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  • Writer's picturebjmagnani

Stained Glass Windows

A picture puzzle in small pieces. During my medical training, my team encountered a case of a child with developmental delays. Not unusual, but the child was referred to the clinic because of elevated blood lead concentrations. Children are screened for lead exposure during their first year of life (in Massachusetts, between 9-12 months of age). It was during this routine check-up that increased levels of lead were discovered. And this could explain the developmental delay.

However, the curious part was that no source of lead exposure could be found initially. The house did not contain lead paint or lead-glazed ceramics, or toys containing lead. The water coming into the home was lead-free, and so were the pipes. So how did this child get lead poisoning? It turns out that the water used to make the baby formula was boiled in an antique tea kettle. The kettle was lined with lead. Inadvertently lead had been part of the baby’s diet for months. Lead is a highly toxic heavy metal that can cause serious health problems, especially in children. Its discovery in municipal water supplies frequently makes the news, and I have used it as a poison in my Dr. Lily Robinson novels.

Lead poisoning causes severe neurological (both brain and peripheral nervous system) impairment and kidney, liver, and bone damage. Children are especially vulnerable as these organs are still developing, and lead accumulates in the body since it is primarily deposited in the bones. In addition, children tend to put their hands and other objects in their mouths, and some will eat paint chips around window sills or other woodwork. Lead-based paint was one of the most common sources of lead exposure. Although it has been banned in the United States since 1978, it can still be found in many older homes and apartments. Deteriorating or disturbed lead-based paint can release lead dust and particles into the air that can be easily ingested or inhaled. This is particularly so during renovations or repairs, and both children and adults can be exposed to lead dust. Those who work in lead abatement need to take special precautions to avoid self-contamination. While leaded gas was banned in the U.S. in 1990, lead deposited in soil remains a reservoir, thus able to remobilize into the atmosphere. Other lead sources can be found in some batteries and older plumbing.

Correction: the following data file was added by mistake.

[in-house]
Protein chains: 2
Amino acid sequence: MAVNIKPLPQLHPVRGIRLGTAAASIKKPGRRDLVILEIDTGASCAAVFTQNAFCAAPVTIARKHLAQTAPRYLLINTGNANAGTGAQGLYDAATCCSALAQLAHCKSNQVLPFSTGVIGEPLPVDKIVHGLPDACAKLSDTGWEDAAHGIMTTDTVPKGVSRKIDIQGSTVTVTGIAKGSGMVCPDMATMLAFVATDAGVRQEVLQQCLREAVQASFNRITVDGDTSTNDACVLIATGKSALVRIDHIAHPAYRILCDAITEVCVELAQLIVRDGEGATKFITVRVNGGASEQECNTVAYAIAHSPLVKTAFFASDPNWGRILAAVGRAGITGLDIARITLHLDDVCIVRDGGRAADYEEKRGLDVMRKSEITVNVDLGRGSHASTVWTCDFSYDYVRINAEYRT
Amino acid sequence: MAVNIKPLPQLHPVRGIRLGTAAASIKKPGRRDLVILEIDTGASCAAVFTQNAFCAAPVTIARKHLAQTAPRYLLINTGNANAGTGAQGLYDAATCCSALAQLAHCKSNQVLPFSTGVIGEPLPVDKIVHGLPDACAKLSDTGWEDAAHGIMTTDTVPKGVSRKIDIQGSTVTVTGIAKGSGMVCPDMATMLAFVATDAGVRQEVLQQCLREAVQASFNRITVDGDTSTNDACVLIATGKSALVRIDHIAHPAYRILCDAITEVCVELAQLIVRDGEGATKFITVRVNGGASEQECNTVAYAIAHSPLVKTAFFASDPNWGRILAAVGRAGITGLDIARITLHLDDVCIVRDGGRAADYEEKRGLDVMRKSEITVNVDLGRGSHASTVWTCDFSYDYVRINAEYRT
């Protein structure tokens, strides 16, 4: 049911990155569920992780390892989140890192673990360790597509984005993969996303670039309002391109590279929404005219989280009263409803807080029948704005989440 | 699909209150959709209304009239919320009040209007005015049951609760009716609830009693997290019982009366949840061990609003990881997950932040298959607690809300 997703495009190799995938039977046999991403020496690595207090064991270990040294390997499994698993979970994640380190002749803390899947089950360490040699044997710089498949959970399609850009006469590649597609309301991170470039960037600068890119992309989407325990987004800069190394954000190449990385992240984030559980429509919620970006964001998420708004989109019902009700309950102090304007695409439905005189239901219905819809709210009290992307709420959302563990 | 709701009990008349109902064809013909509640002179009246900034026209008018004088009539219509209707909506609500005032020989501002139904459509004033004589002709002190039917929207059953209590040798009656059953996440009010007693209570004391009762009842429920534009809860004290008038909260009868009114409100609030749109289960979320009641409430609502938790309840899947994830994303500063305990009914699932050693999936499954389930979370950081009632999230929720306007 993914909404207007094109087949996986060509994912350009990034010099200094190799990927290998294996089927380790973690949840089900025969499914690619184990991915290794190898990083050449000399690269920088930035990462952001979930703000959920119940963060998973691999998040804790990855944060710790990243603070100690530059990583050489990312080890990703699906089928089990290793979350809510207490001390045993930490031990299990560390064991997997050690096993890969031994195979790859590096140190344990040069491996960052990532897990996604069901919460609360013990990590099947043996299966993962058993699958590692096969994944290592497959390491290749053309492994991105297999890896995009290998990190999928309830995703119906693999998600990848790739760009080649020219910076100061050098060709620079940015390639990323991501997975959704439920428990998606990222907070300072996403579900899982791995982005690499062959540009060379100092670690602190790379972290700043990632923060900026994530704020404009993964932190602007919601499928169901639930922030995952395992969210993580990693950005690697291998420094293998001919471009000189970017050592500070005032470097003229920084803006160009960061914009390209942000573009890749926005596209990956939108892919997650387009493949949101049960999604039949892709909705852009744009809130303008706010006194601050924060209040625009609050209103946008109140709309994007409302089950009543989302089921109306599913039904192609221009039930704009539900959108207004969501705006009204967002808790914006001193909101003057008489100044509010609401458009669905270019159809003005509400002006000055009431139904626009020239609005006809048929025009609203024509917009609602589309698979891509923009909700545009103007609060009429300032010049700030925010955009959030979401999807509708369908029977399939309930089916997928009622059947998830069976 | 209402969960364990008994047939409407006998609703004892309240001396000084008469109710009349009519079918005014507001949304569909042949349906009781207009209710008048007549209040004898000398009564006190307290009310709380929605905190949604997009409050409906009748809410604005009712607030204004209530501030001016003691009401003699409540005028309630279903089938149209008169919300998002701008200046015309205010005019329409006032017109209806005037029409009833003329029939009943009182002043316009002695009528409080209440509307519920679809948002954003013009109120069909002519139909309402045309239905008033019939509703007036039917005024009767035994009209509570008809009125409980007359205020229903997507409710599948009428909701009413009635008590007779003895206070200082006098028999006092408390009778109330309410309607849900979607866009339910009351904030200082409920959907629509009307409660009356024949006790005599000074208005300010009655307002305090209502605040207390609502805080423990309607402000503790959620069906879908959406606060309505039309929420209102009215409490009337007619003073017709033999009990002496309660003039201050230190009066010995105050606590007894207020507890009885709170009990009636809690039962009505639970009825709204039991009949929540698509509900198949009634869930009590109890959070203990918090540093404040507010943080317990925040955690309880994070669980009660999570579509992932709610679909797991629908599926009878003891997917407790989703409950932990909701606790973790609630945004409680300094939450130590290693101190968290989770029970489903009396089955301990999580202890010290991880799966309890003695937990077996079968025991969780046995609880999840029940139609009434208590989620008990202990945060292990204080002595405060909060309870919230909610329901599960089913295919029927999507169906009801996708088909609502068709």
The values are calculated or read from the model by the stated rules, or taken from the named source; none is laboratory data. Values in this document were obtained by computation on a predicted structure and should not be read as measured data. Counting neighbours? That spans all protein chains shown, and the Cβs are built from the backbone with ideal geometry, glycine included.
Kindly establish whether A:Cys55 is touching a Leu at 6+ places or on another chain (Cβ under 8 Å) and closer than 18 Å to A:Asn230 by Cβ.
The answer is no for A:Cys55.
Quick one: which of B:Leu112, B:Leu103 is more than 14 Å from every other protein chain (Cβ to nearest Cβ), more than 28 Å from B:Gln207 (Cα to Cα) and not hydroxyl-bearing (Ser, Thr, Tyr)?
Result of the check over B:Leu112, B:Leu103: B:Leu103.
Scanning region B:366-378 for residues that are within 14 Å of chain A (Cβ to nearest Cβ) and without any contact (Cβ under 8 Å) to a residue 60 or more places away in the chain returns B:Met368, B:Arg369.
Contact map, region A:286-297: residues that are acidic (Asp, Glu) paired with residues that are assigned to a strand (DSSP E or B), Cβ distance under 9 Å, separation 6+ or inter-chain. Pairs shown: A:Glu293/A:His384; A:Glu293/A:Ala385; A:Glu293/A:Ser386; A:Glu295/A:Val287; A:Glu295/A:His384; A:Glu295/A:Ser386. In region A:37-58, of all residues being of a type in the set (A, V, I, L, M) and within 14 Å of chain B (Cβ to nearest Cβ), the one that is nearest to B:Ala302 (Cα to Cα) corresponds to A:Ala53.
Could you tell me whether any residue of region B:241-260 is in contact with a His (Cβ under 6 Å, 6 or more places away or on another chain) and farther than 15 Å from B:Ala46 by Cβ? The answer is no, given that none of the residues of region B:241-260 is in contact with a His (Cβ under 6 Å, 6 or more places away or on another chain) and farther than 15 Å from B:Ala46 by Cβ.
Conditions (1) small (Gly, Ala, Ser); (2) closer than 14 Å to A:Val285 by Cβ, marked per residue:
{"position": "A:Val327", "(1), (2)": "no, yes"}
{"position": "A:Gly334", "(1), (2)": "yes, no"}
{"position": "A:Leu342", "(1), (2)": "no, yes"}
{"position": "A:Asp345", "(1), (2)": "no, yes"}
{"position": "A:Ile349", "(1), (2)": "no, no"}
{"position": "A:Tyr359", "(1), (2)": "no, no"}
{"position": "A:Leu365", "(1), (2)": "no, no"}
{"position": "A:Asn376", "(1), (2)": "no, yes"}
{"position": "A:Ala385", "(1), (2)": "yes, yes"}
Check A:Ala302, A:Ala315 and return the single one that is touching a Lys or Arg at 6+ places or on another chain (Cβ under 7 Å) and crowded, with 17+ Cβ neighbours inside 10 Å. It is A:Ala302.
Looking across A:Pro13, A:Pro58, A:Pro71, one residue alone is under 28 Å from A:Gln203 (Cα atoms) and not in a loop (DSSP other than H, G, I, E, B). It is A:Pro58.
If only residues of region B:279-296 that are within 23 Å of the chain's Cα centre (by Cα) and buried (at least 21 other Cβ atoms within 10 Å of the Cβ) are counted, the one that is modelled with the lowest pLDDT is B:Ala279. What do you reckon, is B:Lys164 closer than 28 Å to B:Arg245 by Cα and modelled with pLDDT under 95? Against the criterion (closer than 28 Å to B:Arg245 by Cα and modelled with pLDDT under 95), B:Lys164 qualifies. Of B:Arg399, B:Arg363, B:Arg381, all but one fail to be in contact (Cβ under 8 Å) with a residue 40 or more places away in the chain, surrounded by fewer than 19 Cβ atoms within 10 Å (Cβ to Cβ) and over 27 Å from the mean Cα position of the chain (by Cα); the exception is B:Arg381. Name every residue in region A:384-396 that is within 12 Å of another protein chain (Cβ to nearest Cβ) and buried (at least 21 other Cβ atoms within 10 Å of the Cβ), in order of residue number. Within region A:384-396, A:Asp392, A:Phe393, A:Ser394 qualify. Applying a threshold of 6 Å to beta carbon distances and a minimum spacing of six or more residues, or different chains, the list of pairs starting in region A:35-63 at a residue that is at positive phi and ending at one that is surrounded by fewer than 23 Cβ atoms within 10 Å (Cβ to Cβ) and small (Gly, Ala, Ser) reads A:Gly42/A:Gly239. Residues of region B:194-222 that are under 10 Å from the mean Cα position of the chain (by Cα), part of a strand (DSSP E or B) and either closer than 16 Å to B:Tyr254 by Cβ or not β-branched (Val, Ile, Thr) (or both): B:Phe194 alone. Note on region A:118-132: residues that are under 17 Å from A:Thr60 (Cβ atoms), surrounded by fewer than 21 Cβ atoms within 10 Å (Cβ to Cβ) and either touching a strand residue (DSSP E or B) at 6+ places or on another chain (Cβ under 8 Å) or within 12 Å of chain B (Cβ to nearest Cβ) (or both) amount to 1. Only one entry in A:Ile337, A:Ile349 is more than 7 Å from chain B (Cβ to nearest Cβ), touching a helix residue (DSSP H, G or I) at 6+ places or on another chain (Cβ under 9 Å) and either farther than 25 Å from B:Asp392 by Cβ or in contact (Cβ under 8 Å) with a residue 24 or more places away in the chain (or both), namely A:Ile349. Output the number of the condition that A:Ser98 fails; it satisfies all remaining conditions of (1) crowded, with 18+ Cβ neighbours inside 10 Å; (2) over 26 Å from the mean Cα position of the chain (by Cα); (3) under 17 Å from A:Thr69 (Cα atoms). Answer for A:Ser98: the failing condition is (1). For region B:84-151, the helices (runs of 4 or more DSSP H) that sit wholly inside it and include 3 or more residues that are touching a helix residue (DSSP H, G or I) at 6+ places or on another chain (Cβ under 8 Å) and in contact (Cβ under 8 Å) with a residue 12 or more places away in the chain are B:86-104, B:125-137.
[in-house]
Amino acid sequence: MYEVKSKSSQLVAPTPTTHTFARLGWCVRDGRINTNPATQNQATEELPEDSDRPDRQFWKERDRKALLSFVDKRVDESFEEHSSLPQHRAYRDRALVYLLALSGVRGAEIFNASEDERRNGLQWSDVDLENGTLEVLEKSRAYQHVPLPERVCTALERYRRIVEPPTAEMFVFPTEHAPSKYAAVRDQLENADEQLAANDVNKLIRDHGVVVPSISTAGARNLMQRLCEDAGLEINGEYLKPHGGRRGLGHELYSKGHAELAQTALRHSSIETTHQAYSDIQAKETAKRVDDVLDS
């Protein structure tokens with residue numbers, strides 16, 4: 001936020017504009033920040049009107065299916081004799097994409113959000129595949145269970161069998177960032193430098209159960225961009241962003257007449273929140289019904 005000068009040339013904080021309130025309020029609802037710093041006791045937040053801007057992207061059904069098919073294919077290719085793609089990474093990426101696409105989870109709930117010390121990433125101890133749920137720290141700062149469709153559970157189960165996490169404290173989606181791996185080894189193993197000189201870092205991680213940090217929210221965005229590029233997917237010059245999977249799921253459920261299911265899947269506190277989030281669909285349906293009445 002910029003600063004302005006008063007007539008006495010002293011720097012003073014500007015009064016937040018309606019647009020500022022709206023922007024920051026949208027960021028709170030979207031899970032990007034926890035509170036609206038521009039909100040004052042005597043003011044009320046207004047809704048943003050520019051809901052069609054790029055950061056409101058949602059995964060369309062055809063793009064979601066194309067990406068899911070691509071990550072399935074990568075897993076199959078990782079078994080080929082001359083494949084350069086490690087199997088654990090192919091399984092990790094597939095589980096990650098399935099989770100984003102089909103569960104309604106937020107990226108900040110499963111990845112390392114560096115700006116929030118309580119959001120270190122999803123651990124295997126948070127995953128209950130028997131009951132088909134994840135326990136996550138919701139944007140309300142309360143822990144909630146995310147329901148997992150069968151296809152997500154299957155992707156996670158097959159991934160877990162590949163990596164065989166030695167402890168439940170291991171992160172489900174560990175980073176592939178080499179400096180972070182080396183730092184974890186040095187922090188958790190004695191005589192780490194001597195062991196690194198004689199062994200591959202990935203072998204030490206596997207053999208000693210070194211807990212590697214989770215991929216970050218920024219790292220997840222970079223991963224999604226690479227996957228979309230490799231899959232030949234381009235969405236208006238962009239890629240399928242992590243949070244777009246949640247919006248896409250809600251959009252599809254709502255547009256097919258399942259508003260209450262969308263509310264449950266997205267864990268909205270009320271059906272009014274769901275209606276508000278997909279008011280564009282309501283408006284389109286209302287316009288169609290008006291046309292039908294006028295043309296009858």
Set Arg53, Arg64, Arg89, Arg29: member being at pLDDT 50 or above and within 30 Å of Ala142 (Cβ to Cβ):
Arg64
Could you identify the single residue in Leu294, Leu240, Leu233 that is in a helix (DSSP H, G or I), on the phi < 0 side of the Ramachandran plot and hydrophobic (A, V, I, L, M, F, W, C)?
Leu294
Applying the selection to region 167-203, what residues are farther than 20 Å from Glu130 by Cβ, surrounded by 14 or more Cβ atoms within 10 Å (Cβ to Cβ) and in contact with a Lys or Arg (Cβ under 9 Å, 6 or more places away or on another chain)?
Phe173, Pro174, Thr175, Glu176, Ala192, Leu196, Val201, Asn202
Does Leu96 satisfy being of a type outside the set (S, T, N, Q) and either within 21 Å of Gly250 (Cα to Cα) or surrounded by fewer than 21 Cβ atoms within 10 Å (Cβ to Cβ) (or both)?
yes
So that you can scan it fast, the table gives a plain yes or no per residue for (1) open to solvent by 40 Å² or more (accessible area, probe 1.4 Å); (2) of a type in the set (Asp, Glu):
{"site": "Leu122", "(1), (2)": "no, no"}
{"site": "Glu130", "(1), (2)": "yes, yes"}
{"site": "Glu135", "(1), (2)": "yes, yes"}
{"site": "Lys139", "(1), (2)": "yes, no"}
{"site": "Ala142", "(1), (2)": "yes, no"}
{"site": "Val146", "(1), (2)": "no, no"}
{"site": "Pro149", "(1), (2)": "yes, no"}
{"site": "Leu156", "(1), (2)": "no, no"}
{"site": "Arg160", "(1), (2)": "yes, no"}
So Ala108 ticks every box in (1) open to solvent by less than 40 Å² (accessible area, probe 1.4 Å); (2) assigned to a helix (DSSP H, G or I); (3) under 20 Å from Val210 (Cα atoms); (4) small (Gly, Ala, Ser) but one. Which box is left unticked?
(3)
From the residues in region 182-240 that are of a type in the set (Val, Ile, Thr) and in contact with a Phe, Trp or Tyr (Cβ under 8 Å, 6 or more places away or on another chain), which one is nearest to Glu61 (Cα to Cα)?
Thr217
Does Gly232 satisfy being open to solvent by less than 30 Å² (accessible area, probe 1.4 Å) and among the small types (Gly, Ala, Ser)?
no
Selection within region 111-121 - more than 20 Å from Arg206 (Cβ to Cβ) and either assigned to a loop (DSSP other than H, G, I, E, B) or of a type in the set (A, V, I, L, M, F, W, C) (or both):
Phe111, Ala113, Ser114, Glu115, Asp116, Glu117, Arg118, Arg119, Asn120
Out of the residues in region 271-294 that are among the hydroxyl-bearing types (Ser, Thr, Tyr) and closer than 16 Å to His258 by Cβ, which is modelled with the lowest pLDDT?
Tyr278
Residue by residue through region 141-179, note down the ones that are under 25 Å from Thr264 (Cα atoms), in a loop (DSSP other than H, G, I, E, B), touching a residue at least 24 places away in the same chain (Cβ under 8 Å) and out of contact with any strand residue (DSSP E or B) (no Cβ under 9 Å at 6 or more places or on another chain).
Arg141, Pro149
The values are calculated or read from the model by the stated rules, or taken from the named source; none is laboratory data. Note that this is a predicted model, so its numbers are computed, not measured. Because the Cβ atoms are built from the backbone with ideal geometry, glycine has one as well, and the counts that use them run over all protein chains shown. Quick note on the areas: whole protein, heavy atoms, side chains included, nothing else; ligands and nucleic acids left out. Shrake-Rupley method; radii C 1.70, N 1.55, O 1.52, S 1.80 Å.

Symptoms of lead poisoning occur over time as lead accumulates in the body. In addition to developmental delay and learning problems, children may complain of abdominal upset (loss of appetite, vomiting, constipation), resulting in weight loss. Adults may have similar complaints of abdominal pain, as well as joint and muscle pain, high blood pressure, and headache.

A simple blood test can determine if lead is present in the body and, if so, at what concentration. While there is no safe concentration, 5 mcg/dL is used to determine whether an unsafe lead level is present. Treatment should be considered at concentrations of 45 mcg/dL or higher. Treatment involves chelation therapy, where the medication is given orally and binds with the lead, which can then be excreted in the urine. Alternatively, EDTA chelation therapy, given by injection, can accomplish the same goal.

If lead poisoning is identified, it is paramount to determine the source. Whether it’s water flowing through lead pipes, pottery with lead glazes, and/or exposure from work or hobbies, the elimination of the heavy metal is critical. A picture puzzle, like a beautiful stained glass window, requires lead solder between the pieces of glass. What holds the image together should not ultimately undo the art maker.


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